Due to the ongoing national economic crisis, Migration and Refugee Services of the USCCB and many programs within the Catholic resettlement network are experiencing increased interest about refugees, particularly, in how refugees are faring in the face of economic difficulties. Sentiments reflected by media have ranged from support of the U.S. Refugee Resettlement Program despite the current economic crisis, to highly critical, with some calling for a slow down, even a complete freeze, of refugee admissions. When thinking about refugees, human beings fleeing persecution, torture and death, there are a few things we must keep in mind beyond economic cost.
1. Resettlement saves lives. Refugee resettlement is a life-saving, humanitarian response to individuals in urgent need of protection who often have nowhere else to turn. Resettlement offers them a chance at a new life. While these are difficult economic times for everyone, refugees do not have the luxury of waiting for the economy to improve. Their situation is urgent and life-threatening. Delayed action may cost lives.
2. The U.S. has a long history of offering humanitarian protection to those most in need and we must not compromise our core values even in difficult times. Reneging on this commitment because of an economic slowdown would be a tragic departure from what makes our nation great. During previous times of economic hardship, the U.S. continued to help refugees begin a new life. If we could do it then, we can do it now. In spite of the ailing economy, it is heartening to see thousands of selfless Americans across the country continue to volunteer and assist those in need.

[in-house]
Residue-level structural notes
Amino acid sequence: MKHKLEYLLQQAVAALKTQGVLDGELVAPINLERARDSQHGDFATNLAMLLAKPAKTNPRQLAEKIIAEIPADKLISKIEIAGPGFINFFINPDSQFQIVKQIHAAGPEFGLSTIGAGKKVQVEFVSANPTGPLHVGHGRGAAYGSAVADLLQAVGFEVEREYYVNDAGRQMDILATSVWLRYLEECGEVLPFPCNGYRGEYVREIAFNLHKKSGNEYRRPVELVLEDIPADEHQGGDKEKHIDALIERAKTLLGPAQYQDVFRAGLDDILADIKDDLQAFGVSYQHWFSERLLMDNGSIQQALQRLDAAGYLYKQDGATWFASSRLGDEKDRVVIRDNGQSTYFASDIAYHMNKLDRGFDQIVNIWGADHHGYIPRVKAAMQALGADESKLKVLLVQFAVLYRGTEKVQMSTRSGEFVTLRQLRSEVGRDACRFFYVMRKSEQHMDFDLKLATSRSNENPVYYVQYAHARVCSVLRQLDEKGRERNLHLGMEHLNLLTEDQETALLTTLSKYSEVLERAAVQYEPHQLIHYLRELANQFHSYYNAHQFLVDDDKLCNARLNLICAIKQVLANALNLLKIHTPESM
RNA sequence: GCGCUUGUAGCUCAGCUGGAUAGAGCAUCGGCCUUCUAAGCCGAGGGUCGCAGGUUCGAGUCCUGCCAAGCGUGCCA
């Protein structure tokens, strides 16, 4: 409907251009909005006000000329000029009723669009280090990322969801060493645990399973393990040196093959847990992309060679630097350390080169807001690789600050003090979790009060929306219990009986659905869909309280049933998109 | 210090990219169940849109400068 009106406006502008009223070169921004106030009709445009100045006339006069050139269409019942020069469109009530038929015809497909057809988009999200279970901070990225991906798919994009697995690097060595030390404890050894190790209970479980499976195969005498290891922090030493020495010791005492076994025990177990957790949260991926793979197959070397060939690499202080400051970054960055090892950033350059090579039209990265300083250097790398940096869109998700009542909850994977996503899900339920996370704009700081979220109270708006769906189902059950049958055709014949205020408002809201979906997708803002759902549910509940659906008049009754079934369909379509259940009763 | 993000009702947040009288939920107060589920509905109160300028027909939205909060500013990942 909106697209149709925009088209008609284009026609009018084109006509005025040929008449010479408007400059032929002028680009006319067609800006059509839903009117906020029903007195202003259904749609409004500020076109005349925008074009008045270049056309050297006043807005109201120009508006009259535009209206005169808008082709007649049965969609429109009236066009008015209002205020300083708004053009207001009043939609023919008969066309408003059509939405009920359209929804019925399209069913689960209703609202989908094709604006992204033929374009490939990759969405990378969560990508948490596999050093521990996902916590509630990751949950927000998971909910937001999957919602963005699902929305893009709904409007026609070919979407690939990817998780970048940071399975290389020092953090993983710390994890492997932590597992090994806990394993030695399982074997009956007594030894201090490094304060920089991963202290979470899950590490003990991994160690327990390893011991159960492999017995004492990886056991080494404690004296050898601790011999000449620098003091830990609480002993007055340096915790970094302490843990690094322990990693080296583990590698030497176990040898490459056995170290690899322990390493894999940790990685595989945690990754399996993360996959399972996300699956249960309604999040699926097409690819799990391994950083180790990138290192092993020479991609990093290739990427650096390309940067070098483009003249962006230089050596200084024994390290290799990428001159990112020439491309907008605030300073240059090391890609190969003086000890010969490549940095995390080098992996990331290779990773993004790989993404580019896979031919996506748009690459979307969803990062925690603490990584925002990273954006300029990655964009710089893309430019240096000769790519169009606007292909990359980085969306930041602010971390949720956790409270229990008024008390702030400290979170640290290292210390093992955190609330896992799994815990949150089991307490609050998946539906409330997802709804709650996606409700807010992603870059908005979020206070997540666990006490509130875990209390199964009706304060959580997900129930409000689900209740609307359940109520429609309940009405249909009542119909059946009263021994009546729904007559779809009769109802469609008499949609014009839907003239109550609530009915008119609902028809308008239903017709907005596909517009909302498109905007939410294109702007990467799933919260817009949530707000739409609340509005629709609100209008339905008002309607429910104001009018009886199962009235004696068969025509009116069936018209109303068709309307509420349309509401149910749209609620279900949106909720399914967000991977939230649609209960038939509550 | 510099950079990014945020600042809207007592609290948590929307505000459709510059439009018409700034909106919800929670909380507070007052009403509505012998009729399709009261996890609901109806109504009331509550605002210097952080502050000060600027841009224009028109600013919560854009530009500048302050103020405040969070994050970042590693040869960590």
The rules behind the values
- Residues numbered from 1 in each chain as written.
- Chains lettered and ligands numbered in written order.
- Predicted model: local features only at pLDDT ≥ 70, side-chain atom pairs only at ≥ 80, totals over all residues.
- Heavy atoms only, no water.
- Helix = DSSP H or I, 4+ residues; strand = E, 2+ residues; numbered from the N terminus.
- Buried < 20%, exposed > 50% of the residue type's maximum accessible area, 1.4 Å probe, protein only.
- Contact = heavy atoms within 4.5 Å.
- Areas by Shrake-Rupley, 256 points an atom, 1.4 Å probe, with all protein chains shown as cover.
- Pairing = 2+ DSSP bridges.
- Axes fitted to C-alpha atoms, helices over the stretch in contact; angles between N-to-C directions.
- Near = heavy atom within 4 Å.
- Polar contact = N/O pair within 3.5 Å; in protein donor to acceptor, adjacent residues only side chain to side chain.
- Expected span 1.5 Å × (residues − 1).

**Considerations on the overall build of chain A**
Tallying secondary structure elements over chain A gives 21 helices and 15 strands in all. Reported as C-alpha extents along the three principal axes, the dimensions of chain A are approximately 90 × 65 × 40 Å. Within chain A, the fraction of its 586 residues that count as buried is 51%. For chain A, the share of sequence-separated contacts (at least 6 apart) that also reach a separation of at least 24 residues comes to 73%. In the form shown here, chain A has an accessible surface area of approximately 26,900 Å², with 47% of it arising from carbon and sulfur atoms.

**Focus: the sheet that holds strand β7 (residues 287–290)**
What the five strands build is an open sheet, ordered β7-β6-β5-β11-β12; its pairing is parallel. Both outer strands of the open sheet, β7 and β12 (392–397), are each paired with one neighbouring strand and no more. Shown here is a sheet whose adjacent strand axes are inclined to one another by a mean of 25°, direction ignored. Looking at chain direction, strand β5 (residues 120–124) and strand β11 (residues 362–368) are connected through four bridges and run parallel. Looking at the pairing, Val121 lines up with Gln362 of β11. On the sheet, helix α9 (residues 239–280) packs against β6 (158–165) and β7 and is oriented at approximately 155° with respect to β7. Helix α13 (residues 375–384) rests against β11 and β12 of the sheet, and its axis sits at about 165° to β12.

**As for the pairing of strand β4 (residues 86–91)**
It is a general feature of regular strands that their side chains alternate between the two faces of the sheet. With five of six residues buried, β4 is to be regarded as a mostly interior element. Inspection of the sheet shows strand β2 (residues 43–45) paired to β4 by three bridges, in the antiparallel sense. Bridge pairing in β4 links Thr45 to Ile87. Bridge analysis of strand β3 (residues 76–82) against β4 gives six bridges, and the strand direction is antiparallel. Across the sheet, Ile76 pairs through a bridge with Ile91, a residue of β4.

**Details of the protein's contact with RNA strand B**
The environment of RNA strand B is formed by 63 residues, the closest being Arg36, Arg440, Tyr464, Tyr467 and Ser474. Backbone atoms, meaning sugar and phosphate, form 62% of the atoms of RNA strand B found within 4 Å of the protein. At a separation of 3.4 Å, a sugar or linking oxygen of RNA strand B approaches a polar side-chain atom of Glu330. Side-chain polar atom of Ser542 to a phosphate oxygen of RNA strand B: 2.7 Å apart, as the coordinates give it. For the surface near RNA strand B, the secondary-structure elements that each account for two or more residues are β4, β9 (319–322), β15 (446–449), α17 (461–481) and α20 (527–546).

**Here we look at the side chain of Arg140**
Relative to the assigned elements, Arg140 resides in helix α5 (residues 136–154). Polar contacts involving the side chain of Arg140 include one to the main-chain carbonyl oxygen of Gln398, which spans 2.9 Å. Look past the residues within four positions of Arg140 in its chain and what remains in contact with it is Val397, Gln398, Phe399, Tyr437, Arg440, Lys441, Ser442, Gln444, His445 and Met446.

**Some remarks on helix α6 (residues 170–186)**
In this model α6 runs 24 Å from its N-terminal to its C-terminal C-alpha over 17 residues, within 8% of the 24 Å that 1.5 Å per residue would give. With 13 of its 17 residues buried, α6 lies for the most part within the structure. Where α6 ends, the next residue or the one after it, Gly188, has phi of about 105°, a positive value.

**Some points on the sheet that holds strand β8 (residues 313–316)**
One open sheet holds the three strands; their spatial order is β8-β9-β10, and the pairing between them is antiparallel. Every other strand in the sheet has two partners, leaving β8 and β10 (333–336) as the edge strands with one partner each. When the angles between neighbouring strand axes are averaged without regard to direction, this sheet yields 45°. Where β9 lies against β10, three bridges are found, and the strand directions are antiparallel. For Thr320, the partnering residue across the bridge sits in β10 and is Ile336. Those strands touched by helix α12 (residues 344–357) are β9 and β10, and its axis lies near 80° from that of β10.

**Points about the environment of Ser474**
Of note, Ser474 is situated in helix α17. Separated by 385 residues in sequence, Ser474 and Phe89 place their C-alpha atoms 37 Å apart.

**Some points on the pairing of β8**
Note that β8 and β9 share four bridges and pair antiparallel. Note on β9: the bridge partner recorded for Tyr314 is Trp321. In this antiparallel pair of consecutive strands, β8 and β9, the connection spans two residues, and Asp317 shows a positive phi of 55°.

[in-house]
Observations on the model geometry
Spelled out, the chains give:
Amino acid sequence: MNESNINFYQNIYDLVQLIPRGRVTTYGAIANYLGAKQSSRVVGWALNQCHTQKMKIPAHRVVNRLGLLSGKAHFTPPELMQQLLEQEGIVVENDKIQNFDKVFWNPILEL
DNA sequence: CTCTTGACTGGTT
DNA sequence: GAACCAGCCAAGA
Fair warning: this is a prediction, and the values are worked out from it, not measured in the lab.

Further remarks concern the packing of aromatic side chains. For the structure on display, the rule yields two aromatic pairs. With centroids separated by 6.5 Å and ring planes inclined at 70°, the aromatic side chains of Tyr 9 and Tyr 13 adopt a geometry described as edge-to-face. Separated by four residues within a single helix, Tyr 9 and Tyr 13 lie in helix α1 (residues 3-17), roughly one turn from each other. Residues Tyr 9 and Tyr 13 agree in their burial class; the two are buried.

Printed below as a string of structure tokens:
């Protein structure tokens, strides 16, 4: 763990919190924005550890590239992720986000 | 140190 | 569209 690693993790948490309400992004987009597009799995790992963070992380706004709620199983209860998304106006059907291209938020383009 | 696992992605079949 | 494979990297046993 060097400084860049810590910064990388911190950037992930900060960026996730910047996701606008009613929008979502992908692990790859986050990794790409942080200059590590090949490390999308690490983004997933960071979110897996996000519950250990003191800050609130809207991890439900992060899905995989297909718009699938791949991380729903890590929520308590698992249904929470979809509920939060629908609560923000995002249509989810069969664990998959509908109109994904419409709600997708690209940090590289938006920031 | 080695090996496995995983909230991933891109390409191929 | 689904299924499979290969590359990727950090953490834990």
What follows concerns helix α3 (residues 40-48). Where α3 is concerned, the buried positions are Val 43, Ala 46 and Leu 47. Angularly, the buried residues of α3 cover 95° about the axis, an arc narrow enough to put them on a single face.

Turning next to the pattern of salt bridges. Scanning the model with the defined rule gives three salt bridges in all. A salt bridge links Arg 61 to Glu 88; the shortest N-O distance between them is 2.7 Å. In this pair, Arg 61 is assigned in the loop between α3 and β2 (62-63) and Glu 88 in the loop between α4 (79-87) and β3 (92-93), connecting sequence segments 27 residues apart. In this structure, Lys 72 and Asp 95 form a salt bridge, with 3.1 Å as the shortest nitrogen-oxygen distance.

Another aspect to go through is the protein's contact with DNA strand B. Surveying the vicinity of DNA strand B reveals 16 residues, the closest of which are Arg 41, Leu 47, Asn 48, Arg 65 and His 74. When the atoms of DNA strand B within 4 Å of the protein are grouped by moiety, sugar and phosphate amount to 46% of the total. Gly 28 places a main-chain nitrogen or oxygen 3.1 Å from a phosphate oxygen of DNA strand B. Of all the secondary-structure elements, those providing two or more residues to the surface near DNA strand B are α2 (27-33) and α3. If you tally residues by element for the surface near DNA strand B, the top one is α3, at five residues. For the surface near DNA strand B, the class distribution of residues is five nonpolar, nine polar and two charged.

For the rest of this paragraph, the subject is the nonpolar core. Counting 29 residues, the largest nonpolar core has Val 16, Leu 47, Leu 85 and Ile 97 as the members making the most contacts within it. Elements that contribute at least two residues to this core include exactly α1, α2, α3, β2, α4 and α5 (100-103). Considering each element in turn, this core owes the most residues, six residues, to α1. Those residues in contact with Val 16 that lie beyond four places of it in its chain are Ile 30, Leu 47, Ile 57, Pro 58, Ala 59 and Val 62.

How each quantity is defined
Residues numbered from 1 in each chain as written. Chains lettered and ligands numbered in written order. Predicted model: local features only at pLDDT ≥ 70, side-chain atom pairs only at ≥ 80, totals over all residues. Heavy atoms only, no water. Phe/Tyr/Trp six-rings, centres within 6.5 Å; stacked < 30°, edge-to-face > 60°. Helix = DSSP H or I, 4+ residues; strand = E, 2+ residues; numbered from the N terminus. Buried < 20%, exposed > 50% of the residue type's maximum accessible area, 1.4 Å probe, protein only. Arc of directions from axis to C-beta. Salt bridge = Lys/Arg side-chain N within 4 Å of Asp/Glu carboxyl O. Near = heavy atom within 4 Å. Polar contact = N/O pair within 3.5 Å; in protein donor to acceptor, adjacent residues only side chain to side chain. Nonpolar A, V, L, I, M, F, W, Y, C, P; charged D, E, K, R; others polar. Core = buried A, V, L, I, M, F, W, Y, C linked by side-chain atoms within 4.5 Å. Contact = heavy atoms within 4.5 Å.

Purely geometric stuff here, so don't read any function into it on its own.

3. The U.S. Refugee Resettlement Program provides a great deal of necessary assistance and services to refugees. However, the program is antiquated, under funded and in need of reform. Designed nearly three decades ago, it has not been updated to accommodate changes to incoming refugee populations, the economic climate, and social supports. The success of the program relies mostly in the VOLAGS (volunteer agencies) whose creative approaches and community partnerships help make up for the gap in federal resources.
4. Refugees are an asset to our communities and country, as they fill important niches in the economy, revitalize communities both culturally and economically, and create jobs by opening businesses.
5. The U.S. has a particular responsibility to assist Iraqi refugees and special immigrants, as many of them are at risk of death and persecution at home due to their ties to the U.S. government.
Although safe and voluntary repatriation is usually the most desirable course of action, resettlement is often the only option for many refugees. They are granted sanctuary in the U.S. because they are in danger, cannot return home safely, and cannot be safely integrated into their countries of asylum overseas.